The Fed's next move
Thanks to a subscriber for this report from UBS which may be of interest. Here is a section:
Aggregate hours worked in the private sector declined in February and declined again in March. Last week we walked through why we estimate the labor market has come back into alignment over the course of the last year. We also note that for all the talk of labor hoarding, filings of initial claims for unemployment insurance over the last four weeks have run higher than all of 2019 and most of 2018. Layoff announcements have been running above the post-GFC pace. Clearly some employers are laying off.
In our economic baseline, we assume the labor market carves out a peak this summer, and we pencilled in the July employment report as the time we expect the first negative payroll print. We'll see. However, our empirical models are moving that way. In the recent compendium (on page 17 at this link) , a leading indicator model developed by UBS's Pierre Lafourcade noted that a rising share were in contraction (defined as having passed a cyclical peak), and the same for a broader set of employment indicators that reflect labor market conditions.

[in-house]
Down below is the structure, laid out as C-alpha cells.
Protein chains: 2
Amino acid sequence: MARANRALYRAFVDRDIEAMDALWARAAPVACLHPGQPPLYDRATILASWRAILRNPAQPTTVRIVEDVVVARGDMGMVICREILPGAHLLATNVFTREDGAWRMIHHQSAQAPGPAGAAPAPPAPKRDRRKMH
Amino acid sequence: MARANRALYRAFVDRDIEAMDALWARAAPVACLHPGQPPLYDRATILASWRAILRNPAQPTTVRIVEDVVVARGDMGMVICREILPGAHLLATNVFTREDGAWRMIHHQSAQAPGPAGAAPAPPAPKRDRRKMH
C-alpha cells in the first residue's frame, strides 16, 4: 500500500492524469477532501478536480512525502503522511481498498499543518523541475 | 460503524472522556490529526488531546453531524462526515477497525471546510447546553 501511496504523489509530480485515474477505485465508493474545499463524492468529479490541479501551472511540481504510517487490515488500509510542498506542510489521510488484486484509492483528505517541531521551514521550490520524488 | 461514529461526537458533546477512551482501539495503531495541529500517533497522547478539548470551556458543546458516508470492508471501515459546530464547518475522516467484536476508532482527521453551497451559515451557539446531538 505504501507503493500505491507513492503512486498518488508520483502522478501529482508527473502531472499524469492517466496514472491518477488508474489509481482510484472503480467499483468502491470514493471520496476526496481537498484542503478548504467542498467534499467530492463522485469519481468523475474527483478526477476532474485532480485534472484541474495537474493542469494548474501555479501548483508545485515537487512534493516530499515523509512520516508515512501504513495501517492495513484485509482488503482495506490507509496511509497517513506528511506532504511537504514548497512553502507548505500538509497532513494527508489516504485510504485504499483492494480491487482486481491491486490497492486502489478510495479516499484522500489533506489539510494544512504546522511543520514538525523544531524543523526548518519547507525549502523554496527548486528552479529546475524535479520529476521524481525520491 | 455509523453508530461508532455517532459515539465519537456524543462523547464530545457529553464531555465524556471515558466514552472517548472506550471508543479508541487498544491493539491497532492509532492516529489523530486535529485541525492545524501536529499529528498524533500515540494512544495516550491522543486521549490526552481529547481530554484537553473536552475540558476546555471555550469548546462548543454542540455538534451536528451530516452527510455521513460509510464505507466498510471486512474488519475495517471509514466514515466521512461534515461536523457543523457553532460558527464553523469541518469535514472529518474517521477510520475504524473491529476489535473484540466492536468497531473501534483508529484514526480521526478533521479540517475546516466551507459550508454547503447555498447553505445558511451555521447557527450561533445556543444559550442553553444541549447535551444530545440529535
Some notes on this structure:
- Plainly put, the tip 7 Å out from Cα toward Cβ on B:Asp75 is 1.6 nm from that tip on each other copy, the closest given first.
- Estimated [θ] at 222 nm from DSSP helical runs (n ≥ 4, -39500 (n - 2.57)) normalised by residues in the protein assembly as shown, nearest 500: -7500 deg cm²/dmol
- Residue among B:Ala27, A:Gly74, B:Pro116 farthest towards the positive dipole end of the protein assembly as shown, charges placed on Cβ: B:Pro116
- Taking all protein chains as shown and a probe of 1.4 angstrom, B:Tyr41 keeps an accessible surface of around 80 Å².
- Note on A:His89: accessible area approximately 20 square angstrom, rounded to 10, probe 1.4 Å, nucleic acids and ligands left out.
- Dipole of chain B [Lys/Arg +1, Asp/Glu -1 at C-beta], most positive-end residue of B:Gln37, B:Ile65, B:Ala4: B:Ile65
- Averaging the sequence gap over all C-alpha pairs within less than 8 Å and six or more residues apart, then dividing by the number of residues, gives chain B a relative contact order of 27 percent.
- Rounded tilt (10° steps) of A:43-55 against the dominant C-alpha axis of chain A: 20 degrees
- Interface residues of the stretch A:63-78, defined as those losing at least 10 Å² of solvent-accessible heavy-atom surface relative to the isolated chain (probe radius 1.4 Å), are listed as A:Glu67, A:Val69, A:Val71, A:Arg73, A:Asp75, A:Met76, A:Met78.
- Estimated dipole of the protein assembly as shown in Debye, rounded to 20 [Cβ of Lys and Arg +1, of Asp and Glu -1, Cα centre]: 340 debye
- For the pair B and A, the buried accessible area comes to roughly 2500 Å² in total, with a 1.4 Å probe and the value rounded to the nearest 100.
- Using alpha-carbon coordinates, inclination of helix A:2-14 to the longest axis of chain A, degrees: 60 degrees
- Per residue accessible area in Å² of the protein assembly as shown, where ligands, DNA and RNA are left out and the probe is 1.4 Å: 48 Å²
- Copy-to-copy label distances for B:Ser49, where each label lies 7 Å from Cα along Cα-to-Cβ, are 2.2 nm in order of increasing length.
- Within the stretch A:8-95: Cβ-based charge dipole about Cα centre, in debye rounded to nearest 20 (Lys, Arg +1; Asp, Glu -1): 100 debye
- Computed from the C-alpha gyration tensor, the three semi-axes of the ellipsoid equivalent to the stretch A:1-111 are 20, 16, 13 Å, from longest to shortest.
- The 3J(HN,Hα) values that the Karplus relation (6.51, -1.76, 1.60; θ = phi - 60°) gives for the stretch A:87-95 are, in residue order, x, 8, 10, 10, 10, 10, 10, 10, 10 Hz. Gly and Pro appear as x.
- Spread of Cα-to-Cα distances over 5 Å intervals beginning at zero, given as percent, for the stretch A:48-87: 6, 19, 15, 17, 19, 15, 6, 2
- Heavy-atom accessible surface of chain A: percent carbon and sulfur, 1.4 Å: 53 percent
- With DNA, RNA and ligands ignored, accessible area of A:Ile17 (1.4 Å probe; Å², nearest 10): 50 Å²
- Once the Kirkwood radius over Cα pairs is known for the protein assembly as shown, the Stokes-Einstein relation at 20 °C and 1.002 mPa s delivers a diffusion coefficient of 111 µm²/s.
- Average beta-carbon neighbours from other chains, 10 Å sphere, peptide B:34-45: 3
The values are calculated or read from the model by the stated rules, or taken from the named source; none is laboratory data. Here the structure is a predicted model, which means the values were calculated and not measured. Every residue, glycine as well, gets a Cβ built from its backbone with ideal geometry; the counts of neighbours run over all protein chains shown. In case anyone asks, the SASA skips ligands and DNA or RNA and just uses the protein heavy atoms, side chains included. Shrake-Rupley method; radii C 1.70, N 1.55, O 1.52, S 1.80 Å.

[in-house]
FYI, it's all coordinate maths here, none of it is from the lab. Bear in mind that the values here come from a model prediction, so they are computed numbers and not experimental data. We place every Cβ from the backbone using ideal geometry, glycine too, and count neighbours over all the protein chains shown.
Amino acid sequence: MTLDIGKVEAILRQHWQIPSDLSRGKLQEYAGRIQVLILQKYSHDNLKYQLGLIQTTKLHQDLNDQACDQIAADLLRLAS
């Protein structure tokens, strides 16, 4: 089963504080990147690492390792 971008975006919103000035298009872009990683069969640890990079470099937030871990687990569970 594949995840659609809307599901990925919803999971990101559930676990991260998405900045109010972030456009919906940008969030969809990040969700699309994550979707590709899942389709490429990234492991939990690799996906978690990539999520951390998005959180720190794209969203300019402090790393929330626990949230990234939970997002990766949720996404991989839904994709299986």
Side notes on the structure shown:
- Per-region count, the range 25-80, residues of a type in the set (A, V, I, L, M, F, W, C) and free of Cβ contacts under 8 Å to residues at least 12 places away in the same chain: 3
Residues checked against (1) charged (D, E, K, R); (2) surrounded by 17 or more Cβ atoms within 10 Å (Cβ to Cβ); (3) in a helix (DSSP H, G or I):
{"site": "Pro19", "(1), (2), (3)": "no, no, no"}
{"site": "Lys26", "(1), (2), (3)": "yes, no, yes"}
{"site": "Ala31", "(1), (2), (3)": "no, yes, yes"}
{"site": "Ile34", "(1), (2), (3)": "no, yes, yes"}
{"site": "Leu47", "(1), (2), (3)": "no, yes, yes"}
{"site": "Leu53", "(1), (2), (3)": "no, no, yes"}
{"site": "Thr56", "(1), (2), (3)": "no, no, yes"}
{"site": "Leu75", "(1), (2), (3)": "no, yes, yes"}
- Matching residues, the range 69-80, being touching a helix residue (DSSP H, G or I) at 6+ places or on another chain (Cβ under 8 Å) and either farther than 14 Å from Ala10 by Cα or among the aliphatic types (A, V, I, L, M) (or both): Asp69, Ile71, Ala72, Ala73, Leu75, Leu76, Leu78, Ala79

"Historically, once roughly 50% of all series contract, payrolls go negative (which is intuitive), but it's the leading indicator bucket that tells you when that is likely to happen (it shoots up from 40% to 80% of series contracting in just a few months). The upshot is that while private non-farm employment is still growing, an increasing share of the underlying dynamics is turning sour," he wrote in the compendium in late March.
The big question for all investors is the rationale for raising rates. The answer to that question will inform the decision on how much they will cut rates during a downturn and how long rates will stay down before tightening resumes.
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